By Chuck Strouse
By Scott Fishman
By Terrence McCoy
By Ryan Yousefi
By Ciara LaVelle, Kat Bein, Carolina Del Busto, and Liz Tracy
By Pepe Billete
By Ryan Yousefi
By Kyle Swenson
DFI's original contract to operate at the seaport expired on June 30, 1993, but rather than open the process to bidding, then county manager Joaquin Avino and the county commission agreed to extend it an additional five years.
Even with regard to the vaunted Cuban cigar issue, DFI has an embarrassing admission to make: One of its largest stockholders is a German company called Heinemann, which is itself in the duty-free business in Europe and sells Cuban cigars in its Frankfurt stores. DFI president Al Carfora notes that the company is openly traded on the New York Stock Exchange and has no control over who buys its stock -- therefore it should not be penalized by Dade's cigar rule.
Nevertheless, when Greyhound officials recently discovered Heinemann's financial interest in DFI, they immediately flew a company representative to Frankfurt to buy Cuban cigars and snap photos. The receipts from that purchase will likely be presented to commissioners, and ultimately the county attorney will have to rule on DFI's continued eligibility.
No matter which company the commission selects on Tuesday, October 3, a sense of uncertainty will linger: Had the process been more open, would Dade taxpayers have been better served? If there had been more competition from established and respected international firms, would political influence have been less important than business expertise? And importantly, how badly has Dade's reputation already suffered?
If this duty-free episode were an isolated incident, it might eventually be forgotten. But as Miami International Airport braces for the possibility of a major expansion in its retail and restaurant space (from its current 200,000 square feet to more than 400,000 in the next five years), the county commission seems doomed to continue conducting business in a manner that draws only ridicule and resentment from the larger world of private enterprise.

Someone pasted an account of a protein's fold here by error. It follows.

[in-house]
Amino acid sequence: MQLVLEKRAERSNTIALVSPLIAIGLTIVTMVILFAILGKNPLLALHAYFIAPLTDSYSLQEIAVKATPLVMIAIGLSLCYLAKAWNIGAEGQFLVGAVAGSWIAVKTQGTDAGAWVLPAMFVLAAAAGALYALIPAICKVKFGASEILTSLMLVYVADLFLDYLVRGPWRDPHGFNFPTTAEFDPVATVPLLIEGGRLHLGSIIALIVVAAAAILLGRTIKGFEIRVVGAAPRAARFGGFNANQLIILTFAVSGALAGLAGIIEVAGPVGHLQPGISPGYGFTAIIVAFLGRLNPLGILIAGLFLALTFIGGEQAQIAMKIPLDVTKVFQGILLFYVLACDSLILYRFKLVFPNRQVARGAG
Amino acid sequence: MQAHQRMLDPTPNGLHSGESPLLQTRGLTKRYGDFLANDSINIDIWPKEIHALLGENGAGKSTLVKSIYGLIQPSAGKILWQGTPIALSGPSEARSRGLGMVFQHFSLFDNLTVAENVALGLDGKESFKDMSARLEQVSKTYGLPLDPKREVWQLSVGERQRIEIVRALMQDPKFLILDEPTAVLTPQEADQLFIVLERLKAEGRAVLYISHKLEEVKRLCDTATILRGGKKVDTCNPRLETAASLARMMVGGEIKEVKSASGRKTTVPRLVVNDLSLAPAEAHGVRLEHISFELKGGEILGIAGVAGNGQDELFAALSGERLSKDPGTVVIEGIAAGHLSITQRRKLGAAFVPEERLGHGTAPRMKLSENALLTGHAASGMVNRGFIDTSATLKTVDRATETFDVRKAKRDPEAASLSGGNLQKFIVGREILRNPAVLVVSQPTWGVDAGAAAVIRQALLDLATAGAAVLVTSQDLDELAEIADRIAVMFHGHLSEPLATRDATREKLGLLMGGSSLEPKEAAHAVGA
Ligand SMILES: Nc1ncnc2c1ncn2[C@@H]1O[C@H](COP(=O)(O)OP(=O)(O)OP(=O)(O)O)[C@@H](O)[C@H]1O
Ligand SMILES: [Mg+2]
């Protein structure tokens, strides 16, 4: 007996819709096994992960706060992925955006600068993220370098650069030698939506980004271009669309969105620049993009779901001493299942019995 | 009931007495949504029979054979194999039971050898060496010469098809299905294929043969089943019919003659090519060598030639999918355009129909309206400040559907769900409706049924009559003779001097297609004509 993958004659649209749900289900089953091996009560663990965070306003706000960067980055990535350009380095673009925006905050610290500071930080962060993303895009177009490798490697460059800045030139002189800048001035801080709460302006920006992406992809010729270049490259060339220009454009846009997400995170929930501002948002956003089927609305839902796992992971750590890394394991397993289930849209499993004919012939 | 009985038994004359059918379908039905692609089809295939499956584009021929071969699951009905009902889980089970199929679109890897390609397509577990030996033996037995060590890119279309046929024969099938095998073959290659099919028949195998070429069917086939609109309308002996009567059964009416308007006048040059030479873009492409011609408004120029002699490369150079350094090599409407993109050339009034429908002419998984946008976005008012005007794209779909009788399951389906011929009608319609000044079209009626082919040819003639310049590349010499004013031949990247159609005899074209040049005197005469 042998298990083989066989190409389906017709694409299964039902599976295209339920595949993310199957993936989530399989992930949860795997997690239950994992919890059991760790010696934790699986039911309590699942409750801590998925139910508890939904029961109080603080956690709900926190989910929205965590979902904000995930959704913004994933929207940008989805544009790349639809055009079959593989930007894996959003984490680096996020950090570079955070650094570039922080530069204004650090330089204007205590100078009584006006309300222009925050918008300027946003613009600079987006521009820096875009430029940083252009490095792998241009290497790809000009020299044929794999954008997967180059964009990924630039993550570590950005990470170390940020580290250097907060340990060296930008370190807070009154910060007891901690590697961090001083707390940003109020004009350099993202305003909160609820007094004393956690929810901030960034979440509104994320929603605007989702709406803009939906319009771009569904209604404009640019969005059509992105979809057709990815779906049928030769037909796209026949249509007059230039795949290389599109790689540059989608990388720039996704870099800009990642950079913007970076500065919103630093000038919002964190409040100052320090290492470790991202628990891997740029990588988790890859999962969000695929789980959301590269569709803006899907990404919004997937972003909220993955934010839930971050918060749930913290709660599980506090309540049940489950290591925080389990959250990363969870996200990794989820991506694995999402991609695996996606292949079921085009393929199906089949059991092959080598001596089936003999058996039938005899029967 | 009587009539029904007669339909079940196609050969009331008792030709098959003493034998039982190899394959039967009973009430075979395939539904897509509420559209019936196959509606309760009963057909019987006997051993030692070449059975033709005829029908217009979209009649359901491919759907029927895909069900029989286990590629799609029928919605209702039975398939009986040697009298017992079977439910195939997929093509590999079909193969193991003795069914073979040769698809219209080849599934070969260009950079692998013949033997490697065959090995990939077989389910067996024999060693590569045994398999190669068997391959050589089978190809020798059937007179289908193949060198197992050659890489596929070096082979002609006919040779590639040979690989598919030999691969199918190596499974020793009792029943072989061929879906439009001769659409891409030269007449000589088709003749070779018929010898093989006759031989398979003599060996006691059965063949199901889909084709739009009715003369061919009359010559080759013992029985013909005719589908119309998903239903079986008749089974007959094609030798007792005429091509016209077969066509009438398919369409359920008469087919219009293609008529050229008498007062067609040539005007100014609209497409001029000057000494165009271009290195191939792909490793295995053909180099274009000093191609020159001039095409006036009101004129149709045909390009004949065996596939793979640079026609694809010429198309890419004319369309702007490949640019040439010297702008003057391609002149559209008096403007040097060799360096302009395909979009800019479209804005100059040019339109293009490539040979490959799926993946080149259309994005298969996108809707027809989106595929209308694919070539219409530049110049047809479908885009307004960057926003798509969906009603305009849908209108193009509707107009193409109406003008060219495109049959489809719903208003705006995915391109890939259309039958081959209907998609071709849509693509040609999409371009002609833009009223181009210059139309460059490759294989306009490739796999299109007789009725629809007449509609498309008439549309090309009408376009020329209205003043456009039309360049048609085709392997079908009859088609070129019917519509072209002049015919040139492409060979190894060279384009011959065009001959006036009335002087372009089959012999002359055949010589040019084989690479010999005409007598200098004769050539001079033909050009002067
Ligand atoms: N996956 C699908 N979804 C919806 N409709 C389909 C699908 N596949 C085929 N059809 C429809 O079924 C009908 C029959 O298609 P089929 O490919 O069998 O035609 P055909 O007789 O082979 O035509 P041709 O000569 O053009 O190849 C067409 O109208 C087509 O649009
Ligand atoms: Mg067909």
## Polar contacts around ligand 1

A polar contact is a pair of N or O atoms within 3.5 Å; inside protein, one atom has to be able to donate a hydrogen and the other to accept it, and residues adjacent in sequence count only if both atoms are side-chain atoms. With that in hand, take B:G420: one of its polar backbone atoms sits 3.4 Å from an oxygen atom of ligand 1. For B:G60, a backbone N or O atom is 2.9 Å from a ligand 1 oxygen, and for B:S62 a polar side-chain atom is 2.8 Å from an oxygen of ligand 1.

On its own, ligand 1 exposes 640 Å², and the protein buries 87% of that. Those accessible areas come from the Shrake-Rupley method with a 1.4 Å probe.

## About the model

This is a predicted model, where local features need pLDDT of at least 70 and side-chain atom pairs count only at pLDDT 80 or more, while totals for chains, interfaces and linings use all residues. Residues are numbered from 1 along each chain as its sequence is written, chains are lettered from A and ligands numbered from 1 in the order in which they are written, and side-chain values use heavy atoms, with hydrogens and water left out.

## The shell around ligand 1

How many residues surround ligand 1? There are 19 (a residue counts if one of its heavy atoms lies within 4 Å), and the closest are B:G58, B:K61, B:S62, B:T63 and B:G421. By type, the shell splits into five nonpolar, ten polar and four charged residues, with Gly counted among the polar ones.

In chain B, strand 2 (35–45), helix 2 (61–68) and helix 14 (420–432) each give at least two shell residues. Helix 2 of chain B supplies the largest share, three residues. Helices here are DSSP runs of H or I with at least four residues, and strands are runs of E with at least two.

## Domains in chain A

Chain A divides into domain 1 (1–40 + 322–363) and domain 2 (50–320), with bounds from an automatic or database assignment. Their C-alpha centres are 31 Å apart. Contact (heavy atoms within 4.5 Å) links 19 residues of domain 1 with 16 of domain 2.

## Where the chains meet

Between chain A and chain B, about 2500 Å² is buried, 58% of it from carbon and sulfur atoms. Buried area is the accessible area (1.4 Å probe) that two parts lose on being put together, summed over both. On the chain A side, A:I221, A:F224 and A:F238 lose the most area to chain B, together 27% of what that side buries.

In its report delivered in March of this year, the Unison Consulting Group warned commissioners that if changes to the system weren't implemented soon, the county would not achieve its goal of building a world-class airport, and perhaps more importantly, it could stand to lose hundreds of millions of dollars in potential revenues. (Last year the airport grossed $135 million in sales from its shops and restaurants. Unison says that figure could soar to more than $500 million per year in the next decade -- if the county follows its recommendations. By law, all such money, including duty-free revenues, must be used for airport improvements.)
Unison's Judy Byrd tried to tell commissioners, as politely as possible, that they were a major part of the problem. "We cannot meet the goals and objectives under the existing structure," she asserted before introducing a novel idea: removing the county commission from airport business and replacing it with a "retail authority" composed of business leaders experienced in airport concessions.
One after another commissioners praised the overall vision of the Unison report (which cost the county $750,000), but condemned its most dramatic proposal: the creation of the autonomous decision-making body. Commissioners complained it would simply become another layer of bureaucracy. A few suggested exploring the idea of hiring a megadeveloper to take control of the airport. Yet six months after Unison's report was issued, neither a retail authority nor the concept of a master developer has seen any progress. At that March meeting Commissioner Pedro Reboredo offered a comment that may help explain why: "We are not here to talk so much about an authority, because I sense that some of us might not want to relinquish the power we have.